The flat iron steak doesn't get enough love. Affordable but not always easy to find, the flat iron steak rivals the filet mignon in tenderness and flavor. Somewhat flat as the name implies and often referred to as a square cut of beef, the flat iron steak is best enjoyed grilled. You could also opt for a nice pan sear in the cast iron pan, air fry, or even broil it in the oven, but a grilled flat iron steak gives you both the crispy exterior and tender interior desired in a good cut of meat.
Sourced from the shoulder of the cow, the flat iron cut is taken from the top chuck blade. The blade cut normally has a bit of sinewy muscle, which makes it a tougher cut. But when the connective tissue is removed from the top blade, you're presented with the flat iron, a much more tender cut of beef. But because it's lean and tender, flat iron tastes and chews best when cooked to medium rare with an internal temperature of 130 F.
Tri-Tip — Slow Roasted
The Tri-tip is butchered from the bottom sirloin and appears as a triangular cut, which is how it got its name. But it's a lesser-known, underrated cut of meat that deserves more time in the spotlight. Frequently referred to as the Santa Maria cut due to its popularity in southern California, tri-tip is definitely a contender for the grill (Santa Maria style) but we prefer a slow roast with a reverse sear.
Tri-tip is available in both roast and steak form but it's usually a larger cut regardless, weighing roughly 2 to 3 pounds. And though it's thought of more as a steak, it's similar to brisket and therefore does well smoked or cooked at lower temperatures for an extended period of time. Slow-roasting tri-tip allows the meat to cook to perfect doneness (130 F). When you've reached your desired temperature, sear the outside of the tri-tip in a cast iron pan for the tastiest results.
Picanah Steak — Grill
Picanah is gaining popularity with everyday meat eaters and is frequently seen in Brazilian steakhouses, though it's tough to find in U.S. grocery stores. Sourced from the top sirloin cap, picanah is sometimes labeled as coulotte steak or rump cap and favored for the high levels of fat found on the cut. A little different than other fattier cuts, picanah has both a thick cap and a good amount of marbling since the cut is from an underused area of the body. This creates a tender, deeply flavorful cut of beef that's enhanced via the grill.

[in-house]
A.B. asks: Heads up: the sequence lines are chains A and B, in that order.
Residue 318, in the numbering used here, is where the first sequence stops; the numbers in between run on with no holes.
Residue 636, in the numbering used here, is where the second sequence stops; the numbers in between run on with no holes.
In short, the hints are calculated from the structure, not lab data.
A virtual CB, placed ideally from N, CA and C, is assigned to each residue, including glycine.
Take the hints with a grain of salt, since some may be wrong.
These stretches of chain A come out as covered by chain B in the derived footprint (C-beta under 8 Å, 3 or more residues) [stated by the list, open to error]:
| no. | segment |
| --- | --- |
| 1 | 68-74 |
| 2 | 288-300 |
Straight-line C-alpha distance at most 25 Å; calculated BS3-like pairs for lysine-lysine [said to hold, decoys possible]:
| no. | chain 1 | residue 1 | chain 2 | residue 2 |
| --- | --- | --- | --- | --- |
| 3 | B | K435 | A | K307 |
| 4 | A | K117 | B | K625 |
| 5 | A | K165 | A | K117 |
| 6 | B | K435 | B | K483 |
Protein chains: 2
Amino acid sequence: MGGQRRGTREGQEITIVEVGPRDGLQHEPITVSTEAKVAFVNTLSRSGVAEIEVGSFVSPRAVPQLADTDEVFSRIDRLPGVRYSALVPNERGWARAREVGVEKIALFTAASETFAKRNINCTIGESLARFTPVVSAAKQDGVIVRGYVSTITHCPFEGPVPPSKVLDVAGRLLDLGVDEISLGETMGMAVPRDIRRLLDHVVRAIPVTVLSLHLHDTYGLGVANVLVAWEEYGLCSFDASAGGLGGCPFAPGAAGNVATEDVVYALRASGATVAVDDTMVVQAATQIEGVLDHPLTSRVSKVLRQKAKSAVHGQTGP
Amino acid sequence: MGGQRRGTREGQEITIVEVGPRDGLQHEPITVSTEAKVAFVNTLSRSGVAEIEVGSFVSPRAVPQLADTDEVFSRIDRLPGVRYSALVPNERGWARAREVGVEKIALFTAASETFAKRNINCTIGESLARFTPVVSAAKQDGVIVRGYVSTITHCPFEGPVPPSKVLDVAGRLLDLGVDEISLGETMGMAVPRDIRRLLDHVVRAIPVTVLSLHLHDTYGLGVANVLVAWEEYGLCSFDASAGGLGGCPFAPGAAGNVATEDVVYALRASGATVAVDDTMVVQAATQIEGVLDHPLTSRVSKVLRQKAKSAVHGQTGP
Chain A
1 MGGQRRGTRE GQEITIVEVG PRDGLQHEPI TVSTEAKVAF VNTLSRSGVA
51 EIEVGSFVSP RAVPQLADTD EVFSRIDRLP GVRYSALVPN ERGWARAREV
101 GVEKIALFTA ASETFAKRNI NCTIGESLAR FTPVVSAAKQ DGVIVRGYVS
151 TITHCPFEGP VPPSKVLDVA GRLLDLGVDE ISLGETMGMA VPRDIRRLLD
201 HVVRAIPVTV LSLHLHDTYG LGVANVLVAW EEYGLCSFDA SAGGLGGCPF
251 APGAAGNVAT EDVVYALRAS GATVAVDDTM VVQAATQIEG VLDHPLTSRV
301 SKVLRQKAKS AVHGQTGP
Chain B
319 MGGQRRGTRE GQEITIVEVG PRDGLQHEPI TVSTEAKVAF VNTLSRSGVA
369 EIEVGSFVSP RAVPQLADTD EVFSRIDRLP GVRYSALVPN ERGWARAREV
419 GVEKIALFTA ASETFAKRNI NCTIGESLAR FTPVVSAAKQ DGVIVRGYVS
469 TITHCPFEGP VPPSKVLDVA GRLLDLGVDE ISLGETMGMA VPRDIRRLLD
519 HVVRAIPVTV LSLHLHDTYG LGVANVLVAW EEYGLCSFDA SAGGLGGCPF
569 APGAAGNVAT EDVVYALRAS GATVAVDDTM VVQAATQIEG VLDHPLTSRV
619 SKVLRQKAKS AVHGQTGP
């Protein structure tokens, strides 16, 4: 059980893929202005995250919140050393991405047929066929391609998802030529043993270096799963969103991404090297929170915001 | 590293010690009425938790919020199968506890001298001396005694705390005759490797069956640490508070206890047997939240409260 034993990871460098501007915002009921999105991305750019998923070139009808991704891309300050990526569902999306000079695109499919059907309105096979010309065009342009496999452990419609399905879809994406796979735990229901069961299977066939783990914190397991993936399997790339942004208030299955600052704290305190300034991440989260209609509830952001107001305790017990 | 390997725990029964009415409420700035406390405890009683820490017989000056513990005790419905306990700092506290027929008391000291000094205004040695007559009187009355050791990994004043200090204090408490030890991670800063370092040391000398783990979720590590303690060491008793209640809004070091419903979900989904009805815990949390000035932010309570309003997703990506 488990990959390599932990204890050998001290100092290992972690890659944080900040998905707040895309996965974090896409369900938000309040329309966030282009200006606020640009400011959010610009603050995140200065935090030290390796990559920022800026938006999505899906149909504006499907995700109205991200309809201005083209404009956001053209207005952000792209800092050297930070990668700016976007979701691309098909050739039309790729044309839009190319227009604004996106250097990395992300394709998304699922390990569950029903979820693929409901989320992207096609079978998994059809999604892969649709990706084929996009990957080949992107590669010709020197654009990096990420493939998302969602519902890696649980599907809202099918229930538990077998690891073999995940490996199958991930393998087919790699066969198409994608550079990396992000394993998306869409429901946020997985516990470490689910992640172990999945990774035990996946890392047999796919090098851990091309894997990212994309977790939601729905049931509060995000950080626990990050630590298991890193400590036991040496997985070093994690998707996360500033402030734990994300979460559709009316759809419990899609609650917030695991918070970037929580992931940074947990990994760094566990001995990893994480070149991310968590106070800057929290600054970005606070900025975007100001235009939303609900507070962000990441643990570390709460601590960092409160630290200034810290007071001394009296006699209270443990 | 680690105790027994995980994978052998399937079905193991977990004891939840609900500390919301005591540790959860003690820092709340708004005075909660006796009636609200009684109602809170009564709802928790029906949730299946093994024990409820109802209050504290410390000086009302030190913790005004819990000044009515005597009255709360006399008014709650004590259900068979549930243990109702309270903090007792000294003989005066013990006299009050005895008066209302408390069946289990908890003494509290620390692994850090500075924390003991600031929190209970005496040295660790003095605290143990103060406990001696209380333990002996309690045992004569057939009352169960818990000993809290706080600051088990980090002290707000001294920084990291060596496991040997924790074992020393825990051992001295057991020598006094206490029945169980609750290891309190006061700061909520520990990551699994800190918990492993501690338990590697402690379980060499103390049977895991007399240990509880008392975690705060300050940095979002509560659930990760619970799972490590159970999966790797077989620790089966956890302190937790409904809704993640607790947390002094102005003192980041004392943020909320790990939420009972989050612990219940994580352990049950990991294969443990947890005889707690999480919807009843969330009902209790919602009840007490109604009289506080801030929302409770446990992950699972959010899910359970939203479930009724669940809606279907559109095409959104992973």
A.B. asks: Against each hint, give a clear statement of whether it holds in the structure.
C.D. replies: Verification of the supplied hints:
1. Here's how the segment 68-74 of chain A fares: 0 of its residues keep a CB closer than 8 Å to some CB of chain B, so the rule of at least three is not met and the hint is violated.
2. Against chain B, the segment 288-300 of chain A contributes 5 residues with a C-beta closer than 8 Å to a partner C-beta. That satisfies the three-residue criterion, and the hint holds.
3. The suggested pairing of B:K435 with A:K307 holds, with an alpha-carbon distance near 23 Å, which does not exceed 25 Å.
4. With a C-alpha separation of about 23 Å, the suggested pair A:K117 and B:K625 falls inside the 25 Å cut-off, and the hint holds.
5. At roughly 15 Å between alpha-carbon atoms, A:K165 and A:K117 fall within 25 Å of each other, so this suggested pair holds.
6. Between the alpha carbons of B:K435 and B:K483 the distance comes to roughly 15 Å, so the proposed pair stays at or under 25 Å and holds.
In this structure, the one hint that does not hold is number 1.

Often served as a curved kabob, picanah is really a larger chunk of meat that can be kept whole or sliced into individual steaks. Due to the high amount of fat, we recommend grilling over indirect heat and then reverse searing over the flames. Fat takes longer to cook, render, and become crispy than it takes lean protein to come to the perfect doneness of medium rare.
Shank — Slow Cook
Beef shank, which is the cow's leg, is a tough cut and therefore requires slow cooking to break down the chewy muscle. Typically cut into cross sections and often braised or oven-roasted, shank turns into a fall-apart, fork-tender meat when cooked at low temperatures for a lengthy amount of time. Even though braising the shank is frequently the go-to for this cut, our preferred vessel for cooking the shank is the slow cooker.
Cut from the upper portion of the leg and weighing up to 8 pounds, the shank is also known as Thor's Hammer because it resembles the mythological god's weapon of choice. But instead of invoking thunder, your beef shank will invoke grumbling stomachs and salivating taste buds when it's simmering away in broth or sauce. Shank is a hearty, deeply flavored cut of beef, almost bordering on gamey, and goes well with equally strong seasonings or ingredients.
Liver — Pan Sear
Liver may not be for everyone, but where you source it from and how you cook it can make the difference between a luxurious-tasting organ meat and a turn-your-nose-up-in-disgust piece of offal, pun intended. Either loved or hated, liver is a cut of beef that shines with a quick pan sear. A thin cut and fairly delicate, beef liver requires a very short cooking time. One reason liver is often passed up is because it's overcooked. And overcooked liver can taste quite bitter.
Most organ meat carries rich, strong currents that can be downplayed with other ingredients. It's why the classic liver and onions recipe stands the test of time. Pungent and sweet, onions — whether raw, sauteed, or caramelized, complement the density and gaminess of liver. Ingredients such as butter and dairy also go well with organ meat by balancing the sharp bite of the liver with a softer, creamier texture.
Bone Marrow — Oven Roast
Bone marrow may not even have registered on your list of popular beef cuts but bone marrow delivers an incredibly rich and creamy experience for your taste buds. Available cut into canoe halves or sliced into rings, bone marrow is sourced from either the shank or femur of the cow. The marrow is one reason the beef shank is a hearty, flavorful cut of meat. On its own, marrow is a bit buttery, nutty, and delectable.
The best way to cook bone marrow is by roasting it in the oven. Roasting renders the fatty marrow, turning it from a thick, jelly-like substance to a spreadable buttery texture that you can enjoy on toast, steak, or all by itself with a spoon. Preheat the oven to a high temperature, either 450 F or your oven's broil option, and place the cut marrow bones on a roasting pan, marrow up. Roast for up to 30 minutes. Marrow is done roasting when the consistency is like room temperature butter.
Read the original article on Tasting Table.